Akira Ransomware is targeting Cisco AnyConnect to steal your credentials

Readers help support Windows Report. When you make a purchase using links on our site, we may earn an affiliate commission.

Tooltip Icon

Read the affiliate disclosure page to find out how can you help Windows Report effortlessly and without spending any money. Read more

Cybercriminals are using Akira ransomware to target the vulnerabilities of Cisco AnyConnect. Furthermore, with it, they are getting access to your network. Also, with Akira ransomware, they can gather your data and install malware or execute other potentially malicious activities.

What is Akira ransomware?

Akira ransomware is a new threat that leaks stolen data encrypts files on your system. In addition, threat actors can use it to steal your username and passwords. Also, this type of malware tries to prevent you from recovering files by deleting their copies from your system. On top of that, it spreads fast across your network.

Moreover, cybercriminals could request ransom to remove the Akira ransomware from your system. However, nobody guarantees that they won’t come back. After all, they might be targeting your sensitive data to sell it to another company.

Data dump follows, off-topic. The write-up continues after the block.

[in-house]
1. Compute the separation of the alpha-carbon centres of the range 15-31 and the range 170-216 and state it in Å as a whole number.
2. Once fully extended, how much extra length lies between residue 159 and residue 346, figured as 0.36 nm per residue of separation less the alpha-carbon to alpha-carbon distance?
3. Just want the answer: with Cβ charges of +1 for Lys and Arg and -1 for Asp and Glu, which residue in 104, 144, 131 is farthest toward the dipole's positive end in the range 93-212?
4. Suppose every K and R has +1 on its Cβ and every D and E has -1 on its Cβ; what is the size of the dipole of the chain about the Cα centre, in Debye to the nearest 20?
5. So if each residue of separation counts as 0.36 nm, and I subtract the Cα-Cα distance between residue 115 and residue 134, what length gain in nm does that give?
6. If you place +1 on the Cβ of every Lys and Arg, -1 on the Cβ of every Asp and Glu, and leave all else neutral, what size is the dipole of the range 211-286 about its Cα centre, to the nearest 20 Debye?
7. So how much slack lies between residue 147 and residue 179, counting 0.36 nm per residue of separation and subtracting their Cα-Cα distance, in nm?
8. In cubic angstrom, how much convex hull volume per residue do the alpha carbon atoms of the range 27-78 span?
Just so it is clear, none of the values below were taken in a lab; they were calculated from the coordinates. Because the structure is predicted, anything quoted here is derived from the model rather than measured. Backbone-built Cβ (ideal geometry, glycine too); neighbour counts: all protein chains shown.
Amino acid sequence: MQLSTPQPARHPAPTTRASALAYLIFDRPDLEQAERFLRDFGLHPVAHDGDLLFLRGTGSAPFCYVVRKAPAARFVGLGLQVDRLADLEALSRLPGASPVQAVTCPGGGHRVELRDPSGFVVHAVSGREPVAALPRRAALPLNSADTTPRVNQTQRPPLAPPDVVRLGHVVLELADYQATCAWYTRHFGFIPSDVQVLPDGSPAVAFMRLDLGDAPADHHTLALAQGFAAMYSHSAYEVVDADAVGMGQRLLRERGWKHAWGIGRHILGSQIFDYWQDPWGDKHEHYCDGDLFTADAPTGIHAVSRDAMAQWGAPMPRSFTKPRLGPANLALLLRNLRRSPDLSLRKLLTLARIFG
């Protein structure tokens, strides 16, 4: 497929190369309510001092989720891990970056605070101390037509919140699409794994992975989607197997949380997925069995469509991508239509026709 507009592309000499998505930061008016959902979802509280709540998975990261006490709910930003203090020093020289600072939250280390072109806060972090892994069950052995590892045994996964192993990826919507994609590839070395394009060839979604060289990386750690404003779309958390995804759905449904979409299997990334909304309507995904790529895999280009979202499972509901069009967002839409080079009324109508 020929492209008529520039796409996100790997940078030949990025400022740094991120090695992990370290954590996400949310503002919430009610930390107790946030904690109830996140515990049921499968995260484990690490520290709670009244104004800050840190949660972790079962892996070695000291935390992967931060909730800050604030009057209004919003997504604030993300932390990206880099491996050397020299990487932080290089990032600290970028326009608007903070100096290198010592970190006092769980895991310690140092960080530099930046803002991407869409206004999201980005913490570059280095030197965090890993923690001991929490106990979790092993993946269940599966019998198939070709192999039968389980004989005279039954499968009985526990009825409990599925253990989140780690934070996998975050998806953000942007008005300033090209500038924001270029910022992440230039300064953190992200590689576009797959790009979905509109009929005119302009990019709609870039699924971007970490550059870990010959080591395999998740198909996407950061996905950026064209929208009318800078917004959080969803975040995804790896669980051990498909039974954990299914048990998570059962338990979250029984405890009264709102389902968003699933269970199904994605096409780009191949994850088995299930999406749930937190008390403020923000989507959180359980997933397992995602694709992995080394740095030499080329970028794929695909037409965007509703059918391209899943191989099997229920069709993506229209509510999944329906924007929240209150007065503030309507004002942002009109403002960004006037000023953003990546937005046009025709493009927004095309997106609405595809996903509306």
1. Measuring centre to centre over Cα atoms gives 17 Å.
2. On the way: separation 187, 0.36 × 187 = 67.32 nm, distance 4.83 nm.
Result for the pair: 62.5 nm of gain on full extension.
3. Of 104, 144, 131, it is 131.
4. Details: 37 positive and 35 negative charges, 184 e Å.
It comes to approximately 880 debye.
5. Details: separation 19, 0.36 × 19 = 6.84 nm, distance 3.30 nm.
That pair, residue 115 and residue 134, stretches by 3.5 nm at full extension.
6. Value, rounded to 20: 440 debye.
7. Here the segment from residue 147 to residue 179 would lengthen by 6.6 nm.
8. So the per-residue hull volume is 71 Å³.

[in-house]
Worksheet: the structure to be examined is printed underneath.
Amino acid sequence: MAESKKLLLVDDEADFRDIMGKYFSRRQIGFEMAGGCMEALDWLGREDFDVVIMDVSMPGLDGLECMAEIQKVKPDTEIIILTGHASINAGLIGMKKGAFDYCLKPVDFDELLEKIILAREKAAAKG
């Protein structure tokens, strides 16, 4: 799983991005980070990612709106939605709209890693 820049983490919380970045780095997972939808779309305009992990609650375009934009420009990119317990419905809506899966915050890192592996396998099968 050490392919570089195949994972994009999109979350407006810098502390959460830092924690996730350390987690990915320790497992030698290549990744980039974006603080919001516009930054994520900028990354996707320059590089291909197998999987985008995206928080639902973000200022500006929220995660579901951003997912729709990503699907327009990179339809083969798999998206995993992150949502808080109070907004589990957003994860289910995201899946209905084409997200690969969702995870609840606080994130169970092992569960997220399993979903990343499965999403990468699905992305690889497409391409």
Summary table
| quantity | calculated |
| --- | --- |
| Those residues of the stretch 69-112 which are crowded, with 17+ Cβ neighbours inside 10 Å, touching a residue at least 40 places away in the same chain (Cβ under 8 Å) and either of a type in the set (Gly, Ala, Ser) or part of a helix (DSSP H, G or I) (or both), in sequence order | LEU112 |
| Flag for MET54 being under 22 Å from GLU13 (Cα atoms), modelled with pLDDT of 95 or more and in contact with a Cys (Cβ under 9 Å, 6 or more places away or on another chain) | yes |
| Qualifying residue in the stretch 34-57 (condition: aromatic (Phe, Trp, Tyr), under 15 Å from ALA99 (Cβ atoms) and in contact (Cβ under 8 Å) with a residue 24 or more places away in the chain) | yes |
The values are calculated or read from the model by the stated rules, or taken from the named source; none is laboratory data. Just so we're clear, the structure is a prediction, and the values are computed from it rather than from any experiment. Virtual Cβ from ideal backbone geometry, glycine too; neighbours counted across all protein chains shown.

The research by Truesec shows that one of the main entry points for Akira ransomware is, in fact, the Cisco Anyconnect SSL VPN. The malware exploits it by using the CVE-2020-3259 vulnerability. Unfortunately, if you used the VPN in the past, even if you updated it constantly, there might already be some security problems regarding your data.

If you think that your data might be at risk, the best thing to do is to change your passwords. In addition, you could get an anti malware application featuring a ransomware detector to get rid of Akira. Furthermore, you could start moving to another email using a new device. However, that’s a bit of a last resort method.

In a nutshell, if you’ve been using Cisco Anyconnect VPN, use anti-malware on your device to protect your data. Afterward, change your password. Also, know that the Akira ransomware doesn’t affect just the Cisco VPN. It could target multiple VPN applications. Thus, you might want to always use a different password for your accounts and a different account for your VPN services.

What do you think? Are you going to change your VPN? Let us know in the comments.

More Reading

Post navigation

Leave a Comment

Leave a Reply

Your email address will not be published. Required fields are marked *